Mainstreaming gender equality and empowerment education in post-primary schools in India

Kashmiri school girls react to the camera while walking back home after their class at Kanzalwan near the Line of Control in Gurez sector, 160 km (99 miles) north of Srinagar June 21, 2012. The Line of Control, or a military ceasefire line, divides India and Pakistan in Kashmir. REUTERS/Fayaz Kabli (INDIAN-ADMINISTERED KASHMIR - Tags: SOCIETY EDUCATION) - GM1E86M04E001

Both globally and in India, the discourse around girls’ education is particularly charged. There is an urgency as it is now understood that developmental promises cannot be fulfilled unless gender equality is taken seriously. Generally, a complete, high-quality secondary school education for girls is seen as a vital pathway to achieving gender equality. The term “empowerment” is widely used in international development discourse in close conjunction with girls’ education and gender equality, and implies a necessary correlation of girls’ education with their empowerment. Many scholars and researchers have challenged this assumption noting that simply getting girls into school and ensuring that they finish is not enough. There should be a focus on process, content, and curricula that critically address inequitable social norms and structures.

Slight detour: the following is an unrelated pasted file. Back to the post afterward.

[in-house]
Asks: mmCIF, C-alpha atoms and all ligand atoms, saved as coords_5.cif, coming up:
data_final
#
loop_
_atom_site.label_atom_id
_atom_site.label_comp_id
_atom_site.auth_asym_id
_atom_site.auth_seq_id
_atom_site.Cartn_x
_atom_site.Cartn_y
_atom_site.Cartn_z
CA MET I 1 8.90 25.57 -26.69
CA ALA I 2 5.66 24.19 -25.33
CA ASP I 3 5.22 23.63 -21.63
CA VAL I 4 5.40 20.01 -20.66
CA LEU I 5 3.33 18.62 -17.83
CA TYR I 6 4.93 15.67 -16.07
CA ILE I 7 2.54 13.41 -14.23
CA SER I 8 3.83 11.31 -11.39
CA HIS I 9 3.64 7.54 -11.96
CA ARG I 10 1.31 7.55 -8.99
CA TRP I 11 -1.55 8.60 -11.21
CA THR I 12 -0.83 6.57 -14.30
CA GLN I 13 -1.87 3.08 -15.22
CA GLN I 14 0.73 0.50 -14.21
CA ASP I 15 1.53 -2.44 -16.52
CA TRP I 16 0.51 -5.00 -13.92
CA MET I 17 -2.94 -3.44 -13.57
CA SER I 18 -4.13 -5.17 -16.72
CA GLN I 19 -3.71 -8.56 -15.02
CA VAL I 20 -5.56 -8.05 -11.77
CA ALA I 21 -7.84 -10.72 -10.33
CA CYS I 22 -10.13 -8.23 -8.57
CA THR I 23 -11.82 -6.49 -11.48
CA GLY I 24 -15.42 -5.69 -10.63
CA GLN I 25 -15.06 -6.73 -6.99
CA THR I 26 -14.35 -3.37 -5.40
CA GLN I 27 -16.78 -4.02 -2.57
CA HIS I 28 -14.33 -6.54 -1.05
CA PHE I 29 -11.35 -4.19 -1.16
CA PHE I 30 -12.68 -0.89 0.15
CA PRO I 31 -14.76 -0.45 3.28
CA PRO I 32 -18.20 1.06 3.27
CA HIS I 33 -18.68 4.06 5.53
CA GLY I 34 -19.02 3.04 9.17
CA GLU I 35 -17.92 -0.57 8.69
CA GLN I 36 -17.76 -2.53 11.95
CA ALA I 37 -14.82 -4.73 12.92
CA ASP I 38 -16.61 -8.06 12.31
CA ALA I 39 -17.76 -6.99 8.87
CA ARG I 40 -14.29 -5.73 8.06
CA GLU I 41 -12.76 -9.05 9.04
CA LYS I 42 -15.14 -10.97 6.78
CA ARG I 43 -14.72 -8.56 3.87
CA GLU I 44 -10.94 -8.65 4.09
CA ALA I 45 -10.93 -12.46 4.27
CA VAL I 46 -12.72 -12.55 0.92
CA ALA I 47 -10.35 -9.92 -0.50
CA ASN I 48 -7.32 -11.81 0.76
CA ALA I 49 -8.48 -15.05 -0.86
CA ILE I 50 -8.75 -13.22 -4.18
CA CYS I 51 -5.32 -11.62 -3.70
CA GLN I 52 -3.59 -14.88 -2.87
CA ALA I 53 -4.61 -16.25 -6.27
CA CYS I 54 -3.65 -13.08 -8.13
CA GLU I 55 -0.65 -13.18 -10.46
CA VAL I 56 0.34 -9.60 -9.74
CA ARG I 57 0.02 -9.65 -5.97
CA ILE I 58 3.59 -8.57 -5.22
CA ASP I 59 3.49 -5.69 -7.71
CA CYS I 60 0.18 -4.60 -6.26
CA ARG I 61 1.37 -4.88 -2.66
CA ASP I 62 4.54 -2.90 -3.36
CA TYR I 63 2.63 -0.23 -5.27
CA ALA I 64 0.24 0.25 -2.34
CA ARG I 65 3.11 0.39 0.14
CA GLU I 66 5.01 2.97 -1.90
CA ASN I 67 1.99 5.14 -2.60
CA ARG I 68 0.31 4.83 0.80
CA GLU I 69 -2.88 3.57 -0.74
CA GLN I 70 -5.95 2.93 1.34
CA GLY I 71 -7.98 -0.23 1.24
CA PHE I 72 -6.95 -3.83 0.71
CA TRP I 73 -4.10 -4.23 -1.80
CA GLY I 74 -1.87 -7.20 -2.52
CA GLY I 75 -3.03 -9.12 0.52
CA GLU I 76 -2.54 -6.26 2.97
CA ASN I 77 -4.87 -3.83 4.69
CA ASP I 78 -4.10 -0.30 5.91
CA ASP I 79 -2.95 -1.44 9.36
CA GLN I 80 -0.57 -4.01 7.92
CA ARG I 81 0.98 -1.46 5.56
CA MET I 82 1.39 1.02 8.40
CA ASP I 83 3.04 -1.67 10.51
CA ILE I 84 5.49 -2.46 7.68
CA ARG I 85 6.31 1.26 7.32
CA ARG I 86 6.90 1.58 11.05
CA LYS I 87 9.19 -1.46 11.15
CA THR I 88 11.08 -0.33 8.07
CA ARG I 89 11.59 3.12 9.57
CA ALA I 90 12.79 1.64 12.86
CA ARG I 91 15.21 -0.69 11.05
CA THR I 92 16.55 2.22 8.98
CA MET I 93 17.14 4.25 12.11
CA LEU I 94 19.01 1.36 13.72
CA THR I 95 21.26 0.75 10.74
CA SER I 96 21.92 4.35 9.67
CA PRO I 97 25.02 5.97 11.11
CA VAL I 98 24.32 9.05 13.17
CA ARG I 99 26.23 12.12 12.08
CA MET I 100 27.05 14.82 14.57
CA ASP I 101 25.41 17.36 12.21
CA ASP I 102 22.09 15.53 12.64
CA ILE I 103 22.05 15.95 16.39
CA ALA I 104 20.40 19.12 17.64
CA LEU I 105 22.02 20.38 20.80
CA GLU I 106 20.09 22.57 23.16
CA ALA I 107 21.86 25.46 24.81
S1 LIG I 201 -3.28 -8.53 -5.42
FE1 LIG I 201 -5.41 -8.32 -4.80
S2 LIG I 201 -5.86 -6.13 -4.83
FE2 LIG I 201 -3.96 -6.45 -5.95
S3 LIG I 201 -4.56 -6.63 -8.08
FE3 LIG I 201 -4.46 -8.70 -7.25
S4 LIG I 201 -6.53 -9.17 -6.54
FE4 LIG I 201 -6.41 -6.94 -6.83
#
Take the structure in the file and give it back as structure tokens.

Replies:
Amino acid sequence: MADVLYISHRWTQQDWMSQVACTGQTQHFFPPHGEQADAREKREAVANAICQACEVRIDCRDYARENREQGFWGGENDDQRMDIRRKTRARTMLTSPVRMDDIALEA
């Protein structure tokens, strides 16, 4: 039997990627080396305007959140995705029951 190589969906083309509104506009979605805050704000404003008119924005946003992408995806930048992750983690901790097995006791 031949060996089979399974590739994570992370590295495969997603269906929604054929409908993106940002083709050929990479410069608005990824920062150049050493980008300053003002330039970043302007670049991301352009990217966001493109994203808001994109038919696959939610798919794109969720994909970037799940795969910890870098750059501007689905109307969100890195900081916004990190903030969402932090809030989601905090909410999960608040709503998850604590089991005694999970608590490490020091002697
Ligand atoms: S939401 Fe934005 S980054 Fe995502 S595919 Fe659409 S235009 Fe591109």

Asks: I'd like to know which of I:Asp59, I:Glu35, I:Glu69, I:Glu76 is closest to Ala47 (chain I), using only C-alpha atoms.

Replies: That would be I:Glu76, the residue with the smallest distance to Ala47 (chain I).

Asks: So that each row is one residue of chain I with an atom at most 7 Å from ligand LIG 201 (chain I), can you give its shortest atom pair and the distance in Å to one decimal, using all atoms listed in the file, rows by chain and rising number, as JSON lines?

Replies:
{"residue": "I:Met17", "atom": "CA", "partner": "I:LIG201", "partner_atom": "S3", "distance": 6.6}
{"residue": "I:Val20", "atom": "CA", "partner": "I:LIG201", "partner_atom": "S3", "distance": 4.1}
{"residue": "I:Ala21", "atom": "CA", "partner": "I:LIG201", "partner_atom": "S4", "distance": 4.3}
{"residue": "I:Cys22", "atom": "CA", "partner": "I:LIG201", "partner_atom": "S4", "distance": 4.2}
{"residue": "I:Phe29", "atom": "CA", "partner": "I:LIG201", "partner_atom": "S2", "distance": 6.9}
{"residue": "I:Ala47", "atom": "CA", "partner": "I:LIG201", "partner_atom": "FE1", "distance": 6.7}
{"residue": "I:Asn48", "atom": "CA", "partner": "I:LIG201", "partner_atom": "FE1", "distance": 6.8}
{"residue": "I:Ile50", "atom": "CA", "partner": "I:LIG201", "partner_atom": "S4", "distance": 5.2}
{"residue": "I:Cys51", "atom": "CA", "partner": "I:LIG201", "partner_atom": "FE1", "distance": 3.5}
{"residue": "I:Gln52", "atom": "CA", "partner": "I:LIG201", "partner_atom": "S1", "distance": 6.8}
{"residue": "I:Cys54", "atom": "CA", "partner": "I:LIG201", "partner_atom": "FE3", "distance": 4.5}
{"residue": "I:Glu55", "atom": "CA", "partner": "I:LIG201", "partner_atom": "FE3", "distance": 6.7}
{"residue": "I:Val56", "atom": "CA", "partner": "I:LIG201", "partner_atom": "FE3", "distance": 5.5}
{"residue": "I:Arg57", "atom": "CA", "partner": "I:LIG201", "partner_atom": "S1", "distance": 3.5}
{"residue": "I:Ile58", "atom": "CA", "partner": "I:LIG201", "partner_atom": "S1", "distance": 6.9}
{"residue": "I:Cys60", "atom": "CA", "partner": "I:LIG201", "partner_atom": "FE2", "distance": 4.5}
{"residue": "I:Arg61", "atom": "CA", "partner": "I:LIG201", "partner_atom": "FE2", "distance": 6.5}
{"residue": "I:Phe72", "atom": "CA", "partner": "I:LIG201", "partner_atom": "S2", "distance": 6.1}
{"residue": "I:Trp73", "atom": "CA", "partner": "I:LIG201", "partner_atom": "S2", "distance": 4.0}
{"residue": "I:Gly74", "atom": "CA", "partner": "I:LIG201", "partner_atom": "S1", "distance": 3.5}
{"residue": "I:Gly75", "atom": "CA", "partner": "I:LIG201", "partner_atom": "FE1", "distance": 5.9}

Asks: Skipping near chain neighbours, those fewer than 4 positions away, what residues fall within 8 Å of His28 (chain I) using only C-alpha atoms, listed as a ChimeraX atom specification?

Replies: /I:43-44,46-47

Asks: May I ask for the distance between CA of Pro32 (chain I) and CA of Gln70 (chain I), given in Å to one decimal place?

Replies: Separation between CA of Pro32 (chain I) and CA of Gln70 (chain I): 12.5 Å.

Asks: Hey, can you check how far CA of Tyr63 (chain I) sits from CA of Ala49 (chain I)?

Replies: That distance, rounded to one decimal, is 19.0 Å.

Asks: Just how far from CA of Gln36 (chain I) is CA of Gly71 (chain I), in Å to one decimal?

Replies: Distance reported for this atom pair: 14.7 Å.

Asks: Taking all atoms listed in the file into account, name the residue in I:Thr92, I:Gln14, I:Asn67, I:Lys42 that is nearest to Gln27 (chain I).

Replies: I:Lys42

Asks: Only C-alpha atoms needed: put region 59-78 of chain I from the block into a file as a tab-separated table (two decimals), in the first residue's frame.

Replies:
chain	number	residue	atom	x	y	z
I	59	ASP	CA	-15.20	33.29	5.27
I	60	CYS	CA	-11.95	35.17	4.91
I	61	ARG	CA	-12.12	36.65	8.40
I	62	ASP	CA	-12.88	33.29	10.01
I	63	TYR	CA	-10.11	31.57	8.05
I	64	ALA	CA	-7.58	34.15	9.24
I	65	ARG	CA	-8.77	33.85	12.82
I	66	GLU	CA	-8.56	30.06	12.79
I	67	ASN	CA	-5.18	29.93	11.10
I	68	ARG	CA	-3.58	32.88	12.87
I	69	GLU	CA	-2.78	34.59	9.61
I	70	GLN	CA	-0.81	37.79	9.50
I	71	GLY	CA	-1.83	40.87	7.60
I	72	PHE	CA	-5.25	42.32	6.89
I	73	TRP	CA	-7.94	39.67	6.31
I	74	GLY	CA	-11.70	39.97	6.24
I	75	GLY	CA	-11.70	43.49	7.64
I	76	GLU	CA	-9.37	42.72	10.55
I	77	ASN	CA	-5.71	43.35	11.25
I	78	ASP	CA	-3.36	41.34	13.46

This policy brief recommends including gender studies as an official part of the curriculum in India, along with proper pedagogies, processes, structures, and teacher training.